My cynical and rather depressing weekend brought to mind a famous law that is somewhat like Murphy’s Law. It is called Sayre’s Law. The version of Sayre’s Law stated below (with a bracketed item of my own included within it) is my favorite version, which is always accompanied in my mind with a choral item to underline it:
“Academic politics [in anthropology and archaeology] is the most vicious and bitter form of politics because the stakes are so low.”
You can read more about Sayre’s Law and other historical versions of it at the following link:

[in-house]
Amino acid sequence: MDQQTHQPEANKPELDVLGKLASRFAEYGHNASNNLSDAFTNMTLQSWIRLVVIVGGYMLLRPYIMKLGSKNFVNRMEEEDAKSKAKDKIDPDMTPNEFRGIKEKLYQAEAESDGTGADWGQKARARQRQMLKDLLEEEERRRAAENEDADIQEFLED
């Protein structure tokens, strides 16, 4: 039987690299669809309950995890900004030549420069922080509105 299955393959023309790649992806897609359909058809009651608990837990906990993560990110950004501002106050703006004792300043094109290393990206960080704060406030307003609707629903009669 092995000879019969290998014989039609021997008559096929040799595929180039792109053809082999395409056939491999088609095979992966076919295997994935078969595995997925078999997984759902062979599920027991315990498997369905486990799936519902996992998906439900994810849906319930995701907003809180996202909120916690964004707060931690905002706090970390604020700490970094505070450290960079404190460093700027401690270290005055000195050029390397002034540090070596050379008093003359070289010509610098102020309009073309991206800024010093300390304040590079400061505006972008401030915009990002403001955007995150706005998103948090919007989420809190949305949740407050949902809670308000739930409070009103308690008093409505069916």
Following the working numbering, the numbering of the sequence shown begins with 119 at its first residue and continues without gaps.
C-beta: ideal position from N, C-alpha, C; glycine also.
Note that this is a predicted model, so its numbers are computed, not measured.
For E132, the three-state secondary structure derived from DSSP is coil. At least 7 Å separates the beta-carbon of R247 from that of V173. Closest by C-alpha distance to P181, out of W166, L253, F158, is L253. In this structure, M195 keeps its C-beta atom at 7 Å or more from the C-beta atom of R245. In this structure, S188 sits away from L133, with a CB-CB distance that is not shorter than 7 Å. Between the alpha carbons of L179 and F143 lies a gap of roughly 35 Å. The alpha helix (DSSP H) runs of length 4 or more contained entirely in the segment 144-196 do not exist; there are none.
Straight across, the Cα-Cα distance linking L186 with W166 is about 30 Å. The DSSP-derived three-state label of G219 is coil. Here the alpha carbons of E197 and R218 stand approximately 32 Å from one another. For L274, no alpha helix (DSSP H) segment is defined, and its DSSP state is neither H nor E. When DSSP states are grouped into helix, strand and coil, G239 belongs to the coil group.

The key question in my mind has always been: “Why is it this way?” Is it because stress levels are high and the stakes really are so low? Do American anthropology and archaeology naturally attract curmudgeonly people who find it hard to get along with other people? Is there something about anthropology and archaeology that just naturally brings out the worst in people? Is it because working conditions are so bad and resources are so small that people become overly competitive and territorial—and end up devouring each other? Do anthropology and archaeology people tend to have hypersensitive personalities? Are most anthropologists and archaeologists Godless idolaters with small hearts and little conventional moral fiber? During my years at The University of Tennessee (Knoxville), I knew only one archaeology graduate student who ever darkened the door of a church with their shadow. You know: “Do unto others as you would have them do unto you.” Maybe that outsider I mentioned earlier was right? Because of the subject matter they deal with, do anthropologists and archaeologists view their fellow human beings as mere animals with whom they are locked in a deadly Darwinian struggle to survive—so anything goes and may only the strongest survive? An anthropology professor once remarked to a friend of mine that “…the primary purpose of graduate school in anthropology is not to educate students. Its primary purpose is instead to “weed out the weak.” (Note to Self: Stay as far away from that person as possible…oh wait…I already did.) Personally, I think that sort of thinking is reprehensible, and it deserves several new Hell levels below Dante’s lowest one. If I were an academic professor with students, I would make them work hard, but I would also love them, encourage them, uplift them, and interact with them as if they were members of my own family. Weed out the weak indeed. What a crock of bullshit!!!